Mahavishnu Orchestra Inner Worlds (Columbia)
Guitarist John McLaughlin, the former Mahavishnu, has shed most of his expanded Orchestra to step out with a stripped-down jazz-rock quartet on his latest Columbia Records outing, an erratic collection of electronic space vessels titled Inner Worlds. The Mahavishnu's clean-cut physiognomy staring out from the cover promises some clear, deep, introspective music, but the "deep" numbers on the album "River of My Heart," "Inner Worlds Part 1" "In My Life," "Gita," "The Way of the Pilgrim"–are boring, superficial exercises in guru bliss with a tired studio-rock sound like they play on the FM radio, overlaid with synthesizer gimmickry and a tricky cosmic-type approach.
Happily there is another aspect to this album, that represented by "All in the Family," "Miles Out," "Lotus Feet" and bassist Ralphe Armstrong's catchy "Planetary Citizen," a peace-love anthem featuring the popular Detroiter's loose, soulful vocal. "Miles Out" is the high point of the record, with a Herbie Hancock bottom and a definite Miles Davis feeling throughout, clearly articulated via keyboardist Stu Goldberg's Mini-Moog and McLaughlin's ' 360' Systems Frequency Shifter. "All in the Family" also pays homage to an earlier Miles, the Spanish-tinged expressionist of the Sketches of Spain sessions, white lighting a fire rhythmically and fanning the flames with some well-controlled feedback via McLaughlin's guitar synthesizer.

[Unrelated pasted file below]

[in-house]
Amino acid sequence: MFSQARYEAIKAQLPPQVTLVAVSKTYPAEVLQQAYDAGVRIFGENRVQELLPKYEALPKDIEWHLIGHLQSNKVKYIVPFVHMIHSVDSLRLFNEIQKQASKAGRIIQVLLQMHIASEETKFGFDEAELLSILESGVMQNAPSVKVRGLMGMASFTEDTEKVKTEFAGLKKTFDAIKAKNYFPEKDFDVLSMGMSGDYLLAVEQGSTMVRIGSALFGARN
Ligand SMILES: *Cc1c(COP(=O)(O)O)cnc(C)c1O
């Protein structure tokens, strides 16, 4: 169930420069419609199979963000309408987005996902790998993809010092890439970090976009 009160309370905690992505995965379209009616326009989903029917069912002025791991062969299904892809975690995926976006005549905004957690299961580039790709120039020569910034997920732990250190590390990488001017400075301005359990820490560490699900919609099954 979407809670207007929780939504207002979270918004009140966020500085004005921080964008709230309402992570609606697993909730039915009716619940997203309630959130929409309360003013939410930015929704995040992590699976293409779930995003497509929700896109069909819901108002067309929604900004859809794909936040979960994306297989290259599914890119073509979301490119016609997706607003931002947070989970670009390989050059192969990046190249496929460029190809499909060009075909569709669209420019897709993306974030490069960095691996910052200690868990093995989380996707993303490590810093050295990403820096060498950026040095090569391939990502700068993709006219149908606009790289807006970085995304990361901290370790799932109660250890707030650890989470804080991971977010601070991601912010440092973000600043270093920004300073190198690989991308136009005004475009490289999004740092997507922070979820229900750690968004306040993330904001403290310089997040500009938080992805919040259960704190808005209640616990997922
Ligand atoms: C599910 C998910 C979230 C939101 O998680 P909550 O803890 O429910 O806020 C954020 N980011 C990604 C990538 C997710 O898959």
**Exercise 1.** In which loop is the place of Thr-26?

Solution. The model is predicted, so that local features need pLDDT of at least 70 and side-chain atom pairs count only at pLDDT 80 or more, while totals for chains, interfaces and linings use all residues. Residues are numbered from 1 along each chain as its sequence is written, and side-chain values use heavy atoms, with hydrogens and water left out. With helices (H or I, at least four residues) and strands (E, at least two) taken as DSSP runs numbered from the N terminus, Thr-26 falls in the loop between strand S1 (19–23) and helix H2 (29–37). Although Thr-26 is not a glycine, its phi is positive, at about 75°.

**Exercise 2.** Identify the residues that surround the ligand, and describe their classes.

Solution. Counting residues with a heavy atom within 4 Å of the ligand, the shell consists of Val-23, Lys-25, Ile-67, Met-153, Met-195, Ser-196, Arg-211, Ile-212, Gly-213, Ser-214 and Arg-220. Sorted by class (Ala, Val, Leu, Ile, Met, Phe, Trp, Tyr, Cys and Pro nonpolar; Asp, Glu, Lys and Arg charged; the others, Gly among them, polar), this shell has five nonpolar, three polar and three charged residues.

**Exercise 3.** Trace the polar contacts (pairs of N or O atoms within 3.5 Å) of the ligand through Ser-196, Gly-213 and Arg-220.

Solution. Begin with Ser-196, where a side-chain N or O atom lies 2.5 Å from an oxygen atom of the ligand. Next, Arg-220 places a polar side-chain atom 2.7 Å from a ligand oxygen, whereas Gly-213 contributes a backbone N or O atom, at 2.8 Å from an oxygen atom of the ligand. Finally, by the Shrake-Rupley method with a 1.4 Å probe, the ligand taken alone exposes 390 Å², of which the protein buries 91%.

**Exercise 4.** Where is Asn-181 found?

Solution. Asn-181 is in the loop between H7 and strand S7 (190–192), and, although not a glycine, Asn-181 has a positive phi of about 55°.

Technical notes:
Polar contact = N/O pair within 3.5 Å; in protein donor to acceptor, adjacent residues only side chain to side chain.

When the material gives them a chance, McLaughlin, Goldberg, Armstrong and drummer Michael Walden play as well as one expects them to, and on balance their moving moments outweigh the cosmic garbage. Maybe now that McLaughlin has jettisoned his guru and is ready to open up to some other influences, he can attach himself to the genuine master of space music in our time, the truly cosmic Sun Ra, and learn how to travel the spaceways for real. Until then, this slightly ersatz Inner World will have to do.